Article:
hall of fame

Maximum stay on Hall of Fame ballot changed from 15 to 10 years

73 Comments

Big news coming out of Cooperstown this morning, as the National Baseball Hall of Fame announced their first changes to the voting process since 1991. The most significant change is that recently-retired players will only be able to stay on the ballot for 10 years as opposed to the current 15.

Three candidates in years 10-15 will be grandfathered into this system and remain eligible for the full 15 years. That group includes Don Mattingly (his 15th and final year on the ballot will be in 2015), Alan Trammell (14th year in 2015), and Lee Smith (13th year in 2015).

This change is clearly aimed at breaking up the current log jam on the ballot, but it indirectly gives players from the steroid era a much tougher time of making it into the Hall of Fame. Or at least kicks the can down the road for the veteran’s committee to figure out. One alternative to breaking up the log jam would be to allow more than 10 players to be named on a ballot, but that doesn’t appear to be a consideration at this time.

Other changes of note:

– Hall of Fame eligible voters will now be required to complete a registration form and sign a code of conduct. Consider this a response to Dan Le Batard, who turned his ballot over to Deadspin readers this year.

– The names of BBWAA (Baseball Writers Association of America) voters will be made public with the election results, but individual ballot results will not be released by the Hall of Fame. Here’s hoping the BBWAA takes the next step.

Here’s part of a press release from the National Baseball Hall of Fame:

“The Board is committed to keeping the policies and voting procedures of the Hall of Fame relevant,” said Jane Forbes Clark, Chairman of the Board of the National Baseball Hall of Fame and Museum. “We believe the BBWAA has done an excellent job of honoring the criteria advanced by the Hall of Fame – player’s record, contributions to the teams on which the player played, character, sportsmanship and integrity – to determine individuals who belong in the Hall of Fame by the highest threshold, a 75 percent majority. The Board believes these changes are necessary to ensure the integrity of the voting process moving forward.”

Before you start blaming the BBWAA for today’s changes, Susan Slusser of the San Francisco Chronicle notes that the BBWAA did not have any input in the process:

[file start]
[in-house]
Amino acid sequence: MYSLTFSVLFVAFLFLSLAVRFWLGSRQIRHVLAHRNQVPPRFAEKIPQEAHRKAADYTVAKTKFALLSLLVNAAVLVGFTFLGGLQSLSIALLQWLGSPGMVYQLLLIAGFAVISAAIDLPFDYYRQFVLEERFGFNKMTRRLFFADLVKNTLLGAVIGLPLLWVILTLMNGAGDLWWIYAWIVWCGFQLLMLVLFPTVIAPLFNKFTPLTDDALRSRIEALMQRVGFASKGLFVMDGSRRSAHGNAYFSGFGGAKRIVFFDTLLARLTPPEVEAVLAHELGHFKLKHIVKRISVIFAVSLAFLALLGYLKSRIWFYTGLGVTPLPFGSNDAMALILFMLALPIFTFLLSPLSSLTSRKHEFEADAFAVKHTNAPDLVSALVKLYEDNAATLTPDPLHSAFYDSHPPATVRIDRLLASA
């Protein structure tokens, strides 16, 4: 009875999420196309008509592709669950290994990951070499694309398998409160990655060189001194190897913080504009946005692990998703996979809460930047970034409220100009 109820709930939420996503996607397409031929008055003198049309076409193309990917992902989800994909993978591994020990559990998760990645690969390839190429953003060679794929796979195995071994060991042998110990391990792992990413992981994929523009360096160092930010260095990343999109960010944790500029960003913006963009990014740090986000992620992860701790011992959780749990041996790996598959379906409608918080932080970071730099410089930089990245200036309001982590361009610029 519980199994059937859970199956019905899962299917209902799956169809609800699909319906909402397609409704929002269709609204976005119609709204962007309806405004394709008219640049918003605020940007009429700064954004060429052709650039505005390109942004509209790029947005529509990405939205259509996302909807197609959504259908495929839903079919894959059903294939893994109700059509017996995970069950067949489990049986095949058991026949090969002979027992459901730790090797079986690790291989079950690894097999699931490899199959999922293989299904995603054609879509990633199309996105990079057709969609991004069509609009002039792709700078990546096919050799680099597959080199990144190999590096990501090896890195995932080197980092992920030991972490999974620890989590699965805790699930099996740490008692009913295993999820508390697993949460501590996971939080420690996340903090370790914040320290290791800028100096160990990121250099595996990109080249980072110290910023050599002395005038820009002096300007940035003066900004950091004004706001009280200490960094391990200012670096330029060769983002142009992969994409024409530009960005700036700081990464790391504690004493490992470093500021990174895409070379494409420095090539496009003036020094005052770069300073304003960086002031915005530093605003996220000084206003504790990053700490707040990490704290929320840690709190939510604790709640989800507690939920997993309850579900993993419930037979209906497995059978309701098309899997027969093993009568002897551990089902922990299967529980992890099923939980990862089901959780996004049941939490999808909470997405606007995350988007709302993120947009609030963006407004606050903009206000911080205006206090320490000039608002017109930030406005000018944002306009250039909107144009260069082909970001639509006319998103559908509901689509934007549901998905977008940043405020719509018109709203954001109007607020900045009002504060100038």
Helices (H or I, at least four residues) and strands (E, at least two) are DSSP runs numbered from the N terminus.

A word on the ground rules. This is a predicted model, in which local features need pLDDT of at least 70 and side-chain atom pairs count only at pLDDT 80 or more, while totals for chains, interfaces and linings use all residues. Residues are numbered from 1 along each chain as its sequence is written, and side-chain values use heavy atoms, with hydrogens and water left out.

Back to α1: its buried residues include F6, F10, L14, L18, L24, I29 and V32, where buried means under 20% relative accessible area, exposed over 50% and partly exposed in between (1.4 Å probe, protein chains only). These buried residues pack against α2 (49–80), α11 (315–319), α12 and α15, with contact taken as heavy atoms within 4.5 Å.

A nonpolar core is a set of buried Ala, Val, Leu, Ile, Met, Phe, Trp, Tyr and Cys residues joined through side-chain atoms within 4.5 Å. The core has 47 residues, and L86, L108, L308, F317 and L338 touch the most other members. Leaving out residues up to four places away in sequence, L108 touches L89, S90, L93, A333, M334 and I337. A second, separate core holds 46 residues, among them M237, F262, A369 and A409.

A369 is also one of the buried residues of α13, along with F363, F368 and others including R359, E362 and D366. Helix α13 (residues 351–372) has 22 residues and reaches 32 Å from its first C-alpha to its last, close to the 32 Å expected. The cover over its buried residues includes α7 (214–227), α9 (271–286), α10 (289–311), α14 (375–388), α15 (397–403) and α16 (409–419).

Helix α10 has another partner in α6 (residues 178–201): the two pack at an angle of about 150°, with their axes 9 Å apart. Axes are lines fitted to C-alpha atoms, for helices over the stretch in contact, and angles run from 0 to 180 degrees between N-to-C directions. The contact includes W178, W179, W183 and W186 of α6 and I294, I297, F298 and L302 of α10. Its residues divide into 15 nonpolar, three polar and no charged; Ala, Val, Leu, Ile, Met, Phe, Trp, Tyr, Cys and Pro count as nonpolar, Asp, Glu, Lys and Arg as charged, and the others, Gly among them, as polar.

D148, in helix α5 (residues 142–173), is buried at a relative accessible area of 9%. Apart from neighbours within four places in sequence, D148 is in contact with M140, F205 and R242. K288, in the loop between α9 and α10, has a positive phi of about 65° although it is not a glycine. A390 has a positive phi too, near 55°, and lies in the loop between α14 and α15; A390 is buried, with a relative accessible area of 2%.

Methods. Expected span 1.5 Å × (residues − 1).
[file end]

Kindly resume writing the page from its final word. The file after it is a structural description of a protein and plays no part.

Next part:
Report: Rockies haven’t discussed contract extension with Nolan Arenado

LOS ANGELES, CA - SEPTEMBER 23: Nolan Arenado #28 of the Colorado Rockies runs the bases after hitting a solo homerun in the sixth inning against the Los Angeles Dodgers at Dodger Stadium on September 23, 2016 in Los Angeles, California.  (Photo by Lisa Blumenfeld/Getty Images)
Lisa Blumenfeld/Getty Images
2 Comments

In a mailbag published on Thursday, Patrick Saunders of the Denver Post says he has spoken with Arenado and his agent from the Wasserman Media Group. Based on that, he says the Rockies have not broached the subject of a contract extension with the All-Star third baseman.

Arenado will enter his second of four years of arbitration eligibility after earning $5 million for the 2016 season. He’s due to a hefty pay raise and will continue on that track into free agency after the 2019 season. It may behoove the Rockies to get extension talks started sooner rather than later. Saunders, however, thinks that Arenado wants to see if the Rockies become contenders in the next two seasons before signing the dotted line.

Arenado, 25, enters Thursday’s action batting .293/.361/.567 with 40 home runs, 130 RBI, and 112 runs scored in 678 plate appearances. His 40 homers is best in the National League and the 130 RBI are best in the majors. He has an argument for winning the National League Most Valauble Player Award.

Video: Scott Boras eulogizes Jose Fernandez

MIAMI, FL - SEPTEMBER 28: A detailed view of a memorial wall in honor of Jose Fernandez on September 28, 2016 in Miami, Florida. Mr. Fernandez was killed in a weekend boat crash in Miami Beach along with two friends.  (Photo by Rob Foldy/Getty Images)
Rob Foldy/Getty Images
1 Comment

Agent Scott Boras eulogized client Jose Fernandez at his funeral on Thursday. Boras couldn’t even get through the first sentence without breaking down in tears. It was difficult to watch without wanting to sob myself, but it was a touching eulogy that spoke for a lot of people who were fond of Fernandez.